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Celebrating 30 years of sound science and prudent fisheries management

Wednesday 12 October 2016

George Clement, Chairman Seafood New Zealand

Prudent stewardship of our fisheries, underpinned by sound science are the cornerstones of the QMS. As John Connelly, President of the National Fisheries Institute, United States of America, says good fisheries decisions start with good science.

The Ministry for Primary Industries has decades of peer-reviewed science that show steady and increasing levels of abundance in each of our main fish stocks. Of the 157 stocks of known status in New Zealand, 83 per cent are above the sustainable limits set by Government.

This is 97 per cent of our annual catch of more than 420,000 tonnes. As someone who has been involved with the QMS since its inception, I have personally observed great progress in New Zealand’s fisheries management and innovations in science to support this.

Hoki as a good example of how fisheries stocks fluctuate, how science can be used to monitor and model these changes and, in combination with responsive management, how this results in a productive and sustainable fishery. The hoki fisheries were the first in New Zealand, and the first whitefish fishery in the world, to achieve the prestigious Marine Stewardship Council (MSC) certification for sustainability in 2001 and has remained certified for 15 years.

Over the following pages you will read more about the science and fisheries management measures that sit behind the success of the QMS. But this isn’t about resting on our laurels, while celebrating our success, we are very focused on the future and constantly bringing in new improvements.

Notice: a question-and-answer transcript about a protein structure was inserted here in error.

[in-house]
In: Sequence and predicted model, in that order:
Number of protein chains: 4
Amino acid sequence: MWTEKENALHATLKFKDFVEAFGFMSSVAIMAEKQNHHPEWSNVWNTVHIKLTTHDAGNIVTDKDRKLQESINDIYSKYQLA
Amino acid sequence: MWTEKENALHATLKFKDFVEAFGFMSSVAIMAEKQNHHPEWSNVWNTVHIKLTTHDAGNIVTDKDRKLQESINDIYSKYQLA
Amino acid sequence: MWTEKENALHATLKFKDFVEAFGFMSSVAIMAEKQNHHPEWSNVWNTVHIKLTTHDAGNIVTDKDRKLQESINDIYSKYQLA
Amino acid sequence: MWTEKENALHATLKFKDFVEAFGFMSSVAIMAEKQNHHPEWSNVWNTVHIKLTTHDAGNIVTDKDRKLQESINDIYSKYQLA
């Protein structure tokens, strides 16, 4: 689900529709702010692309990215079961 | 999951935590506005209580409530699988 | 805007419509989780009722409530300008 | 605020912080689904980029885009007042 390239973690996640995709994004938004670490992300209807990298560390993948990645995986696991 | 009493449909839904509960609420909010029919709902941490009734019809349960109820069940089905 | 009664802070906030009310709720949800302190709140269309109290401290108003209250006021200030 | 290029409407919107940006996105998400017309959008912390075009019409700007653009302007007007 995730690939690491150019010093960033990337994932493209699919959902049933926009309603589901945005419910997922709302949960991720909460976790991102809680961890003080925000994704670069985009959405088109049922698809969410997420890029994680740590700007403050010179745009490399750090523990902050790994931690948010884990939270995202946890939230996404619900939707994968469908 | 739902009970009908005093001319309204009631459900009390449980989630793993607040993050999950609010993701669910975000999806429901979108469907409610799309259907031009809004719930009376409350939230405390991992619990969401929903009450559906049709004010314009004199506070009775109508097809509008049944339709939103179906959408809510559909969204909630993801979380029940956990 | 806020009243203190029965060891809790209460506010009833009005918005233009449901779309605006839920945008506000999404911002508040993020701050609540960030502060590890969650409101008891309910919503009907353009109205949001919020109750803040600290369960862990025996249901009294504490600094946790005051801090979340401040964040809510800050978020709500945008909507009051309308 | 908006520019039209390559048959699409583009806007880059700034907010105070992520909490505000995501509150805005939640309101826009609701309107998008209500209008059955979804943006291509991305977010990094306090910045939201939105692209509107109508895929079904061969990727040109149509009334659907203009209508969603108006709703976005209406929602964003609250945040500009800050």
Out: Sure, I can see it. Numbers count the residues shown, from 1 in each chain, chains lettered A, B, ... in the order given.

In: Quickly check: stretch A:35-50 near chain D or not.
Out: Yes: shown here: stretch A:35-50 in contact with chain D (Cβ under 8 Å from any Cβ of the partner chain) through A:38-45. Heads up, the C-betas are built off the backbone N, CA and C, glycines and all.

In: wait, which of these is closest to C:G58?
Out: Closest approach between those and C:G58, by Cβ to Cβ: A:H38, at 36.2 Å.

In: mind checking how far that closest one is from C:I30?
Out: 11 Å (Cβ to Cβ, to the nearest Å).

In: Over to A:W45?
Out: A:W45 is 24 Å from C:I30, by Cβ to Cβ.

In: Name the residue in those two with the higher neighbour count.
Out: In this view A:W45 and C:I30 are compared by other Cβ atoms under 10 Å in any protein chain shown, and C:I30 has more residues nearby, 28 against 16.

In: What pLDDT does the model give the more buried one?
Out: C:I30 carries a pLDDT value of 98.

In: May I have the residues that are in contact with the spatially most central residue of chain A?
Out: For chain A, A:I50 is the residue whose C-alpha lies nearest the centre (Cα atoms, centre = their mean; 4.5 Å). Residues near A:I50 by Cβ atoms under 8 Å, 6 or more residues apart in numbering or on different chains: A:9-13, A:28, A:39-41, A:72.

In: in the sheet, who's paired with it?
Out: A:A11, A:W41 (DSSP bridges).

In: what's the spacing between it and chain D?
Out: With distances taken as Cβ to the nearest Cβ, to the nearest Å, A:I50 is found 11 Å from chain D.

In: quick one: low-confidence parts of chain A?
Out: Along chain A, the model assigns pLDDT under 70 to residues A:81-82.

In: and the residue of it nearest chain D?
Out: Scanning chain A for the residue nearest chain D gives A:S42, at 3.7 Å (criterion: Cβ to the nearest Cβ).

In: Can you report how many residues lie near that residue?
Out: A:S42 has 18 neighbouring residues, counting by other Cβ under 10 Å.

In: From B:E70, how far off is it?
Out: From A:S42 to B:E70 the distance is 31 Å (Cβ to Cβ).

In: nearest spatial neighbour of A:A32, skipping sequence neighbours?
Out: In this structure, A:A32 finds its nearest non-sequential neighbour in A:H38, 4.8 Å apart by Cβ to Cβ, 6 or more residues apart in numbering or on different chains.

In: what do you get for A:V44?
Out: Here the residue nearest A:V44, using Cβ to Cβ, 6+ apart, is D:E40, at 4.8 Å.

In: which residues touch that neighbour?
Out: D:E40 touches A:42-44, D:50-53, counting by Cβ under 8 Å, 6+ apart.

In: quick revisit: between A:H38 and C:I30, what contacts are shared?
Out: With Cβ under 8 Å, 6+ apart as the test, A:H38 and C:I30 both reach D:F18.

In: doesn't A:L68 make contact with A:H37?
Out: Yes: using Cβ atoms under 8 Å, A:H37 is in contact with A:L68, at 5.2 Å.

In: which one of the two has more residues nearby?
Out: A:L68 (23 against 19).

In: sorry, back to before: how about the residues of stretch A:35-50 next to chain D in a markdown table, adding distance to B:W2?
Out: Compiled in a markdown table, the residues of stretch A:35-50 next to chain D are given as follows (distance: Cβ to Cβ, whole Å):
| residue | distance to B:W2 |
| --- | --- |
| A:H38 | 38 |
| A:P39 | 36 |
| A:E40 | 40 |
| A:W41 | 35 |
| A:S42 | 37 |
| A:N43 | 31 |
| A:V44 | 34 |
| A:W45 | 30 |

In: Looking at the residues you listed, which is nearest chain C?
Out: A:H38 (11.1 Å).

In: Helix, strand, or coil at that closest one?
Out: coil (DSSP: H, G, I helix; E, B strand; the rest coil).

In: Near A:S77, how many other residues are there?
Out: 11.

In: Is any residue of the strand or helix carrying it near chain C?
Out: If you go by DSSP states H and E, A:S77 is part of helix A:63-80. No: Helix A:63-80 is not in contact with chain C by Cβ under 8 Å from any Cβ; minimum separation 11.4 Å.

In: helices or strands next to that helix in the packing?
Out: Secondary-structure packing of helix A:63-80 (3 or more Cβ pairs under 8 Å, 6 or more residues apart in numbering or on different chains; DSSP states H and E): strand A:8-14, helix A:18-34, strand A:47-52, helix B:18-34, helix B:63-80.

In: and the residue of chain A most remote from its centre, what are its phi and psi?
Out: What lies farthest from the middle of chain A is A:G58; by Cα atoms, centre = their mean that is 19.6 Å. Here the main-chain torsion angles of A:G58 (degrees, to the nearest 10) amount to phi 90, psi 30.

Industry and the Ministry for Primary Industries are developing improved trawl harvesting techniques, improved scientific assessments, improved monitoring methods and improved assurances for our customers, so that they can continue to buy our sustainable seafood with confidence.

In 2015 Industry accepted the Government’s aspirational goal of doubling export revenues by 2025 and we are on the growth path to achieve this. 

Footnote: George Clement played a key role in the development and implementation of New Zealand’s Quota Management System (QMS) between 1983 and 1987 while working in the Fisheries Management Division for the former Ministry of Agriculture and Fisheries (MAF).

He had a direct involvement with the development of the original concepts, the policies and legislation, was the lead person in consultation with industry and with the implementation and early operation of the QMS, both within government and subsequently in his various roles within industry.

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